Liam Farrell: Artifice, the best expression of human genius

My aunties Josie and Mary had lived together for generations in amicably combative spinsterhood. Auntie Mary was lively and jolly, Auntie Josie was a whiny old torture. Of course, life not being fair, Auntie Mary died first.

The funeral was Auntie Josie's big day; she was the chief mourner, for once the centre of the universe, and she played the role with gusto, flogging it mercilessly, born to wear the black, shouting 'It's all about Me! Me! Me!'

Tradition would have dictated that the deceased only be kept one night in the house, and then one night in the church but Auntie Josie wanted the whole hog, such was her inconsolable grief and unadulterated desire for attention, so Auntie Mary was waked at home for both nights.

I sat up the first night of the wake with sundry uncles and cousins, telling funny stories about Auntie Mary, of which there were plenty, Auntie Josie all the while hovering in the background checking that the corpse wasn't moving. However, come the second night, when a night's sleep might also have been considered traditional, Auntie Josie, being the star of the show, insisted on staying up again and in the deep of the night I received a panicky phone-call from my brother. Auntie Josie, he said, had 'took out' and I was to come out and give her something, me being a doctor and all. Had I been older I'd have declined the honour, but I was young and easily manipulated.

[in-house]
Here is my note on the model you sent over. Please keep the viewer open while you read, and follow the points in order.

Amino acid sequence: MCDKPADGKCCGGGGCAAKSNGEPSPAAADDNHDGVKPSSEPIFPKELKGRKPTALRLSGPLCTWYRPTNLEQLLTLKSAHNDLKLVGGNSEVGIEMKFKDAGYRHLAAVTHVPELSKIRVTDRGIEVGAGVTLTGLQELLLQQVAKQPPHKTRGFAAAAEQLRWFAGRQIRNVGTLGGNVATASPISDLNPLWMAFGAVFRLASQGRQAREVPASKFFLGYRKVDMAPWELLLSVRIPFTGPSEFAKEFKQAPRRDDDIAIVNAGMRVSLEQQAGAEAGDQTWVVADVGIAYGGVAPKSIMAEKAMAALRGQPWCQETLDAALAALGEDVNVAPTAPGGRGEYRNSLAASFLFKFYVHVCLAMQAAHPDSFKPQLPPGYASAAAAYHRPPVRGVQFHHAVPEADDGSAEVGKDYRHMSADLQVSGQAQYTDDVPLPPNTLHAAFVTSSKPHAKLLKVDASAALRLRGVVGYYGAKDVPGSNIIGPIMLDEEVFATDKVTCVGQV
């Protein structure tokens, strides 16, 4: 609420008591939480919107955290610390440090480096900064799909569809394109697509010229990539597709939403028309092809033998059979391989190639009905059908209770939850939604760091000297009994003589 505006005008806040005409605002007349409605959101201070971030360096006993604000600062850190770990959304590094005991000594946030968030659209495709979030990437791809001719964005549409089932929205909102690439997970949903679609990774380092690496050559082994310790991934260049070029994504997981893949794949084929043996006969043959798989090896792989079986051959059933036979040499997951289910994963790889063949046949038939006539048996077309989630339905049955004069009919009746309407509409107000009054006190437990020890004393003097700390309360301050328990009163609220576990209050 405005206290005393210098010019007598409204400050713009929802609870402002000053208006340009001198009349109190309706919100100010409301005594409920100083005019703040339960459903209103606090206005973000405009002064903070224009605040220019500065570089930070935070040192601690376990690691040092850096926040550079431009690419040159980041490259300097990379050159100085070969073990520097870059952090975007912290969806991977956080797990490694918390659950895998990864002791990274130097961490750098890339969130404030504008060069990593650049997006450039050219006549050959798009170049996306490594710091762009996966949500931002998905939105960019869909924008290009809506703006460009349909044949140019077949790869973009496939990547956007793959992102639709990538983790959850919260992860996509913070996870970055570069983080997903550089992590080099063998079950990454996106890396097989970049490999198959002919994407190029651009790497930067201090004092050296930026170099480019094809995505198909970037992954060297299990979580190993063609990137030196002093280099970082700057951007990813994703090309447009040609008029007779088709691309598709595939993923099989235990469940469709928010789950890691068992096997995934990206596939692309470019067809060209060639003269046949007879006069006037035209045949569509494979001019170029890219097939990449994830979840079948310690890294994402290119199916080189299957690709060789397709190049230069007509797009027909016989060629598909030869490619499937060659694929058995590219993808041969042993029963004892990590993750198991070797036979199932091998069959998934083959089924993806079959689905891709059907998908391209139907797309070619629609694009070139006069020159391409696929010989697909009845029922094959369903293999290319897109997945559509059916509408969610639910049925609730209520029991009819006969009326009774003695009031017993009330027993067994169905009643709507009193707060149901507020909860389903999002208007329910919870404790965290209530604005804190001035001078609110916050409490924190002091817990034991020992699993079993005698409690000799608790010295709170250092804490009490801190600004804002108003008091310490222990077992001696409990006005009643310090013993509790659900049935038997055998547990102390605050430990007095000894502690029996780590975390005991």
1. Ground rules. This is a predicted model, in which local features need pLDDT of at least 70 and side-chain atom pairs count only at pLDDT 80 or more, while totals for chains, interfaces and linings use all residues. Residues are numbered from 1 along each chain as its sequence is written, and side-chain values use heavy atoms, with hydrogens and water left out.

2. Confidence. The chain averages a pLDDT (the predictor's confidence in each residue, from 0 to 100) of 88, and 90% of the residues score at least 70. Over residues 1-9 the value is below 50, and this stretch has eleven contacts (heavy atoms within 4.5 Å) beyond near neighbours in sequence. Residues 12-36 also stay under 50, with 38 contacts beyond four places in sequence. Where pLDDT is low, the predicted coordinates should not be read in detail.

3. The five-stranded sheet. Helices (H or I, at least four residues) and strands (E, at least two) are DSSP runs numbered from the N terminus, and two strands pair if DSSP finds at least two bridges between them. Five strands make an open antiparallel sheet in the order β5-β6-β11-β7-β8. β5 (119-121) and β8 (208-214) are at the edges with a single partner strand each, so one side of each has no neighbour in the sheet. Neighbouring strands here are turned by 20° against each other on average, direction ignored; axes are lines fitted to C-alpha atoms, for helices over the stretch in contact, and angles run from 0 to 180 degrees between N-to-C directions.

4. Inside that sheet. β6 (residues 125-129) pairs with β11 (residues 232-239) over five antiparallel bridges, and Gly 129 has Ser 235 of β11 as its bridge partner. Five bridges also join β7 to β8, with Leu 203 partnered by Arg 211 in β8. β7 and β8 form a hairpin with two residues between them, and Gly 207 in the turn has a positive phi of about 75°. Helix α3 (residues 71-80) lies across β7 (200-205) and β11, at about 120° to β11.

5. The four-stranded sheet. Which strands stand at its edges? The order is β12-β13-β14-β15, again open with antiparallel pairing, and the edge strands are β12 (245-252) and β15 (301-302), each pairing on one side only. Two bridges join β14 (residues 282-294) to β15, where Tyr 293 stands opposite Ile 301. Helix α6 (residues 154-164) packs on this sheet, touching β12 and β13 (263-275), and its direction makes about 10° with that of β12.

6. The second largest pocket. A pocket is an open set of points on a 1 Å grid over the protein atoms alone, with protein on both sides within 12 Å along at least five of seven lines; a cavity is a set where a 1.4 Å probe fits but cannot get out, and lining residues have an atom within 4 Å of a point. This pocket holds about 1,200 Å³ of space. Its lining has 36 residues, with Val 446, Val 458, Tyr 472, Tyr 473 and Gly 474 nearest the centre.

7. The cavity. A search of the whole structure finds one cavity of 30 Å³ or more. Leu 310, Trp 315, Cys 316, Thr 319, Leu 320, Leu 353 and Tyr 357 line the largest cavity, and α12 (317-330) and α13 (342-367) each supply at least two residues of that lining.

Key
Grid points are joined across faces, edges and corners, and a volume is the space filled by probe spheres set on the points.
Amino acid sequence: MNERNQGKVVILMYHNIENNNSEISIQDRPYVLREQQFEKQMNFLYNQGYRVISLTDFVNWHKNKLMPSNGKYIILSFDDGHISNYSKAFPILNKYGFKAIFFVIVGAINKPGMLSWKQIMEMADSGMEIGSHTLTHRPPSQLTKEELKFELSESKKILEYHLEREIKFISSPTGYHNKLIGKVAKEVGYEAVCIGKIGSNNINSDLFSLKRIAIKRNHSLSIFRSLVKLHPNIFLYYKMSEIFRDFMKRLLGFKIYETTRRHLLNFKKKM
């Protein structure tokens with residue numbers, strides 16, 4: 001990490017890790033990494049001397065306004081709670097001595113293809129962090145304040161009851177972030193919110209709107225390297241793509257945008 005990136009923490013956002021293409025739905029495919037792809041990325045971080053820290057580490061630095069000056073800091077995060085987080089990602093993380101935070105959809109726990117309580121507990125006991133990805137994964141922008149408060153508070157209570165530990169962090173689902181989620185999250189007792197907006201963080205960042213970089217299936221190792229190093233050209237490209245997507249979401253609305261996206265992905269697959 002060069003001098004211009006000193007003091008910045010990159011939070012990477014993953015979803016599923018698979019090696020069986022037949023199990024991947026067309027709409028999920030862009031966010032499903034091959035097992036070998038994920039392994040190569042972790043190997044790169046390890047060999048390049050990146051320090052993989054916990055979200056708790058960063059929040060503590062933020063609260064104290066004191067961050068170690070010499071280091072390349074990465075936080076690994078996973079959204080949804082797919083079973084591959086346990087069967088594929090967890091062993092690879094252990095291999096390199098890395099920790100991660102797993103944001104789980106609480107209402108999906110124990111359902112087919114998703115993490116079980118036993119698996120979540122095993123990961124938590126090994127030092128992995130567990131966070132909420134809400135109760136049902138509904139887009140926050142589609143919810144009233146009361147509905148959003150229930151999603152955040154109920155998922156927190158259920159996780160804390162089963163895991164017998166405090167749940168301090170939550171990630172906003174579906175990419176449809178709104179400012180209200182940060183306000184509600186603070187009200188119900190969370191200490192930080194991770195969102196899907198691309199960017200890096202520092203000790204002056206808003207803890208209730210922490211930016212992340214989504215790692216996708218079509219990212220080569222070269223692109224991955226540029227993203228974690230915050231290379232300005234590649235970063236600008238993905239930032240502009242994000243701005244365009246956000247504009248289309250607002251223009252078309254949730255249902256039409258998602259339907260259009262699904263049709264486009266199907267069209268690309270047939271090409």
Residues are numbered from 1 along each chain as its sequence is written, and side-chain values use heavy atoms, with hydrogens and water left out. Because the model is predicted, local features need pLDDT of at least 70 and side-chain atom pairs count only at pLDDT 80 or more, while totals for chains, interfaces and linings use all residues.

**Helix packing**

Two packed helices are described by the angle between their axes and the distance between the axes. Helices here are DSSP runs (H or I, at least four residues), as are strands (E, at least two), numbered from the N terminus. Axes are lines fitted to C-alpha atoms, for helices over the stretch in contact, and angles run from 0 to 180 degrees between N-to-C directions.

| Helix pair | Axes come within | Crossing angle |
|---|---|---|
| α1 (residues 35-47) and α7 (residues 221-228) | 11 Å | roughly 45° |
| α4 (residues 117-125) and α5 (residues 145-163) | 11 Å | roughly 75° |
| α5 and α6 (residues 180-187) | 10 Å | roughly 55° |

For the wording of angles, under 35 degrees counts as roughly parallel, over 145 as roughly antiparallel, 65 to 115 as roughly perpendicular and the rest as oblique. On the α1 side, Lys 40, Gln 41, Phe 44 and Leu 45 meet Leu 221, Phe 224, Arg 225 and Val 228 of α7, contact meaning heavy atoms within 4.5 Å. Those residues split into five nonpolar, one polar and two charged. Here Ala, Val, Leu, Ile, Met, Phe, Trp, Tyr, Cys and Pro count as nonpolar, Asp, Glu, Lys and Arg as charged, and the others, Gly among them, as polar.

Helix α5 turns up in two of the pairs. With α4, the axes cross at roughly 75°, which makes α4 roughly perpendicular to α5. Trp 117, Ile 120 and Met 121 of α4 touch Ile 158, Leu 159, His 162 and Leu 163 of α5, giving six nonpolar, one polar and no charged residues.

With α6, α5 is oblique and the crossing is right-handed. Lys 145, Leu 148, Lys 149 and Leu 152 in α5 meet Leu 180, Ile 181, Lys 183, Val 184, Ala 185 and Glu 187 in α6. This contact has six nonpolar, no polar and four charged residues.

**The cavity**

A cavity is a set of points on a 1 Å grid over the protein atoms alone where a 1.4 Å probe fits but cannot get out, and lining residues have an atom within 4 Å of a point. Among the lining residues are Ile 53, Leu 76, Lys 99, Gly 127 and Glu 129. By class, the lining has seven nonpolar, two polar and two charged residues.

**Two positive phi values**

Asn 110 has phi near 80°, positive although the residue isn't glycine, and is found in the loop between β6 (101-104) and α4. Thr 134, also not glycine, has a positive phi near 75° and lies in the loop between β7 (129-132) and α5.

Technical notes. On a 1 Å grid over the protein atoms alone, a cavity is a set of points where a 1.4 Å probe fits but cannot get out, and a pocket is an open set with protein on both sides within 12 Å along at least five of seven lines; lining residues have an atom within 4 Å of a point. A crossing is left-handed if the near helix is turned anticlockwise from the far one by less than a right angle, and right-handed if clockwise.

When I arrived Auntie Josie was rampaging around the room, my brother, aunties and cousins cowering in the corner. I calmed Auntie Josie down; Auntie Mary was not moving, I assured her and yes, she really was in the bosom of Abraham and not just playing a funny trick.

But as I had an audience, and lay people have nothing but contempt for talking cures, To Show How Much I Care, and to be seen to be doing something, I gave Auntie Josie a paracetamol, a placebo I reckoned would not interrupt the grieving process too much.

The next day, Auntie Josie collapsed in front of the church, in a way only a really fit person could collapse, in stages, like a dying (if rather overweight) swan; artifice is the ultimate expression of human genius.

'What did you give her?' hissed my brother accusingly.

Have you registered with us yet?

Register now to enjoy more articles and free email bulletins

Register

Already registered?

Sign in

Before commenting please read our rules for commenting on articles.

If you see a comment you find offensive, you can flag it as inappropriate. In the top right-hand corner of an individual comment, you will see 'flag as inappropriate'. Clicking this prompts us to review the comment. For further information see our rules for commenting on articles.

comments powered by Disqus